Walking into London’s City Hall on a cold and blustery winter’s morning, there’s a sense of excitement in the air. Even the normally zombified security guards seem perkier than usual, as though they’re aware that something pretty momentous is going on. As I descend down the spiralling ramp into the bowels of the building, the reason I’m there hoves into view: the astonishing Games Art Exhibition taking place as part of the London Games Festival lies sprawled out across the complex’s lower floor. But the exciting thing is not so much what’s happening in this auspicious building but the fact it’s taking placehere.
For many of us who love games here in the UK, there’s long been a feeling that our industry has been overlooked by both the masses and the government. We’ve been viewed as a niche sector; one that appeals to the teenage minority rather than the wider populace. Thankfully, this year has seen a marked change in attitudes to the importance of the video game industry in the UK, largely thanks to the work that the Association for UK Interactive Entertainment (UKIE) has done. Games are being increasingly culturally accepted and integrated, as the location of the exhibition shows.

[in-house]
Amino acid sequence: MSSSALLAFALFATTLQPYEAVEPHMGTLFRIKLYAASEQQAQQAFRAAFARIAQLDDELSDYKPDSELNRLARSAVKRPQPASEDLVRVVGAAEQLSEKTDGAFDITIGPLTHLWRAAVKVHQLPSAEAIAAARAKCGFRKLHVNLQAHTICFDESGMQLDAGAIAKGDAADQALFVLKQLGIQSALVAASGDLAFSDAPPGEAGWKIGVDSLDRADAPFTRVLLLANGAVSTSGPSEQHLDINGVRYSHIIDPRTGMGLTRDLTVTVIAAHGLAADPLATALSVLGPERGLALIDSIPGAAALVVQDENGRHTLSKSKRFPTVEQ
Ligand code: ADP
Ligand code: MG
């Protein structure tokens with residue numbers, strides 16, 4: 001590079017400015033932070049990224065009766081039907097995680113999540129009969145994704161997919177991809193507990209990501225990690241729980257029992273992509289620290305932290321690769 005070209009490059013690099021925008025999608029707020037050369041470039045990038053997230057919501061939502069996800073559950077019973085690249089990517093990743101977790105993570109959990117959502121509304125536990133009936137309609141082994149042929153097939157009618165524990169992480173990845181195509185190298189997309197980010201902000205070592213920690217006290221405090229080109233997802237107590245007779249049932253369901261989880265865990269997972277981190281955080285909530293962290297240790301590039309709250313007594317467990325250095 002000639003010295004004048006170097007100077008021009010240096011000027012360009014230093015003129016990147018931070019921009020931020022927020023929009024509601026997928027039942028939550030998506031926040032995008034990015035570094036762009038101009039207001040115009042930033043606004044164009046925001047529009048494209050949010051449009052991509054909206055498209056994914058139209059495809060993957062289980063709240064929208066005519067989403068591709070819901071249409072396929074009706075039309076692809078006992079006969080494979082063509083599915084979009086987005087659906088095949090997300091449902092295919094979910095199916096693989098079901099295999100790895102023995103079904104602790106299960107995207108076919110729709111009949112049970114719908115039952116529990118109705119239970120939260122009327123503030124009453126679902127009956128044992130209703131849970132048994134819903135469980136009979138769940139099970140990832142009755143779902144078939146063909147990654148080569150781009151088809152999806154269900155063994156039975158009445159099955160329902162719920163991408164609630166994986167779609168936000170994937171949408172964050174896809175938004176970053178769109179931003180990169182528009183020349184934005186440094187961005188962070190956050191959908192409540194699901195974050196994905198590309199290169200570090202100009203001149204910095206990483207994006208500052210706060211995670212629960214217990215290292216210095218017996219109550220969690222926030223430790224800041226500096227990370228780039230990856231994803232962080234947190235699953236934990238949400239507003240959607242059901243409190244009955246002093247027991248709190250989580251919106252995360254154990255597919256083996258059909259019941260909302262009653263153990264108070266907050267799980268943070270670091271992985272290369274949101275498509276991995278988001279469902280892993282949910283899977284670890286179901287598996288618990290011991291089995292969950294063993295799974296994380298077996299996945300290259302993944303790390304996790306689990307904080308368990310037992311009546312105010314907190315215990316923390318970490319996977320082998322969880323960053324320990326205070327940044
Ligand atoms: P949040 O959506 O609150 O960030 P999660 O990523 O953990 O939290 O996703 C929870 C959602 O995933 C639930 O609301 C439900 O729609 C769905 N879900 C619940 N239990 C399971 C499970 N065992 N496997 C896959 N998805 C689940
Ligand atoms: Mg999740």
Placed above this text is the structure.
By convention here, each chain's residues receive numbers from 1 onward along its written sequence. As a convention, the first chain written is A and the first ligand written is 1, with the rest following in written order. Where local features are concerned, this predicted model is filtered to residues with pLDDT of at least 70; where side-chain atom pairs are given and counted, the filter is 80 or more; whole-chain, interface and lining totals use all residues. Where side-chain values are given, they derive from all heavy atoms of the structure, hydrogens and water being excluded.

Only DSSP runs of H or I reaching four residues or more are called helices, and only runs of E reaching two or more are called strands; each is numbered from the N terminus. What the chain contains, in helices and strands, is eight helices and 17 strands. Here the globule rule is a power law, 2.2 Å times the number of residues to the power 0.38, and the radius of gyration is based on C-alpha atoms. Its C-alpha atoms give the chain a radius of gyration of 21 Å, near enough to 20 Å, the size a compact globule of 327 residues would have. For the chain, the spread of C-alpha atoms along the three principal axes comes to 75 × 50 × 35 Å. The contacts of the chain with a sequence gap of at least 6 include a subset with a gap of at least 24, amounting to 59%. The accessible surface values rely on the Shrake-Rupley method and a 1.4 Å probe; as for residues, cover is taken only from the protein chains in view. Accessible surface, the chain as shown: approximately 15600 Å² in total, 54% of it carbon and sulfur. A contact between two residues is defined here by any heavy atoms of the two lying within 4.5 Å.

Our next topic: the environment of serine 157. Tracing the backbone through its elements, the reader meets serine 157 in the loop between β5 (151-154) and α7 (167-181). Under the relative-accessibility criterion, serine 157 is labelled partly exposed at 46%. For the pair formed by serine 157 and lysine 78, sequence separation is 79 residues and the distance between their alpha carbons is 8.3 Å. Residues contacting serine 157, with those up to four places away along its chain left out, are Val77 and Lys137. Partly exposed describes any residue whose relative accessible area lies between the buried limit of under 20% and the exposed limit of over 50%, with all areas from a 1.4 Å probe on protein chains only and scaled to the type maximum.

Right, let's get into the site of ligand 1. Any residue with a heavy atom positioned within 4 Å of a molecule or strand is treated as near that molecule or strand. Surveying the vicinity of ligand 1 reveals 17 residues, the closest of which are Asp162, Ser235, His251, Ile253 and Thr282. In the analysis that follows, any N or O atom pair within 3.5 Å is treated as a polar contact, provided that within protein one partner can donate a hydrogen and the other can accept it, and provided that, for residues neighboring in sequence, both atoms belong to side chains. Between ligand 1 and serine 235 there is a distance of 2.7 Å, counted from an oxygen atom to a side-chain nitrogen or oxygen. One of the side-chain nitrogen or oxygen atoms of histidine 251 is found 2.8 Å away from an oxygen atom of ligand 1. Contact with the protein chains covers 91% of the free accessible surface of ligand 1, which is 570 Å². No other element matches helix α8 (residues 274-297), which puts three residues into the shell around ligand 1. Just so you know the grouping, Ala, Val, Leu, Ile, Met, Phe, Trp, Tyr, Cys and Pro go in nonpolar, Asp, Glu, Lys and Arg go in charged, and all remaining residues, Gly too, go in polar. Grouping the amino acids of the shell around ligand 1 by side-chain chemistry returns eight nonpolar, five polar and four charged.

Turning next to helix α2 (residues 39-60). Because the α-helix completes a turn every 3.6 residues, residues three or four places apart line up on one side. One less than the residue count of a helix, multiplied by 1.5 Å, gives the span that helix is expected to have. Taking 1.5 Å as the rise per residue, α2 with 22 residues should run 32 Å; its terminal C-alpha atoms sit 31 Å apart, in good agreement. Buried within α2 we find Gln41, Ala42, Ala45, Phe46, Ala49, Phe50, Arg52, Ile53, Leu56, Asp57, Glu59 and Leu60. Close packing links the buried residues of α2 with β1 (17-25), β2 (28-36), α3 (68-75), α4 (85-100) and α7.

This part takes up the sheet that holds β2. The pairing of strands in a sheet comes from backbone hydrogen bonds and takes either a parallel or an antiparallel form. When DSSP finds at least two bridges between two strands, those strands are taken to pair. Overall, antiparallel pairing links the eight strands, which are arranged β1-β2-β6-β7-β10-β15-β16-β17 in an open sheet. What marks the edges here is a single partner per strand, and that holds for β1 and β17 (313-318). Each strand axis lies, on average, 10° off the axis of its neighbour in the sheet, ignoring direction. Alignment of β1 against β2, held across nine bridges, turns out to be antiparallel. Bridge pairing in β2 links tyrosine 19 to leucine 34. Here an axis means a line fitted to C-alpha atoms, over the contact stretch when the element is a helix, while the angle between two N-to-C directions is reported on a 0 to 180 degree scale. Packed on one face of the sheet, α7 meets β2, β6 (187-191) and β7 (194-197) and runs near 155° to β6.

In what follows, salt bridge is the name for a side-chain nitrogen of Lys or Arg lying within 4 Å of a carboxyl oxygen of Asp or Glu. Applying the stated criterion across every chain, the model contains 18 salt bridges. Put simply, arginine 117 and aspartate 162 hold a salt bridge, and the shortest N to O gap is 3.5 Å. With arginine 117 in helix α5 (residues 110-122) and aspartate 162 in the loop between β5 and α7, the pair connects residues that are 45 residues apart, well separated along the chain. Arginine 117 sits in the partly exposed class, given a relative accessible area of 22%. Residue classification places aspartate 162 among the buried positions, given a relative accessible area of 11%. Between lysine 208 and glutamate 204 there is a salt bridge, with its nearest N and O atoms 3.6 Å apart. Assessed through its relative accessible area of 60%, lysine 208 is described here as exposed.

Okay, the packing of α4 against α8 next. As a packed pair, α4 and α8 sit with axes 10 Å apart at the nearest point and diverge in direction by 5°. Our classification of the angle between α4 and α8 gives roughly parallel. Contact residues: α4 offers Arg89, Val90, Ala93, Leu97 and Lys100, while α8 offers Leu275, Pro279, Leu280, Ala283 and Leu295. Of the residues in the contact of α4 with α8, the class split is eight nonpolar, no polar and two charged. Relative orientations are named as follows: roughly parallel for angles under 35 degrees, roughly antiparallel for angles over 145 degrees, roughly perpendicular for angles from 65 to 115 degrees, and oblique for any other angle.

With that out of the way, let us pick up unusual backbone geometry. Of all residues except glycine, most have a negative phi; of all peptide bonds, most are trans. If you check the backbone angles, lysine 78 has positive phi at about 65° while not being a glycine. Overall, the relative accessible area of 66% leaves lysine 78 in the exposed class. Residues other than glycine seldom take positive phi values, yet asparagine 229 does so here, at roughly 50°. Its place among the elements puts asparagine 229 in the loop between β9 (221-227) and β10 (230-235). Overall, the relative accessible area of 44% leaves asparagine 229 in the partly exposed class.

Alongside organising this year’s London Games Festival and all its events, UKIE has also lobbied the government to take a stronger stance when it comes to supporting the industry. UKIE has fought hard to get the UK government to grant the industry similar tax breaks to the ones that have been available to film production companies for years. Under current laws, only the film industry (which includes television) can claim tax rebates for production expenditure that meets certain criteria. It’s looking likely that by April next year, games will finally be extended the same benefits.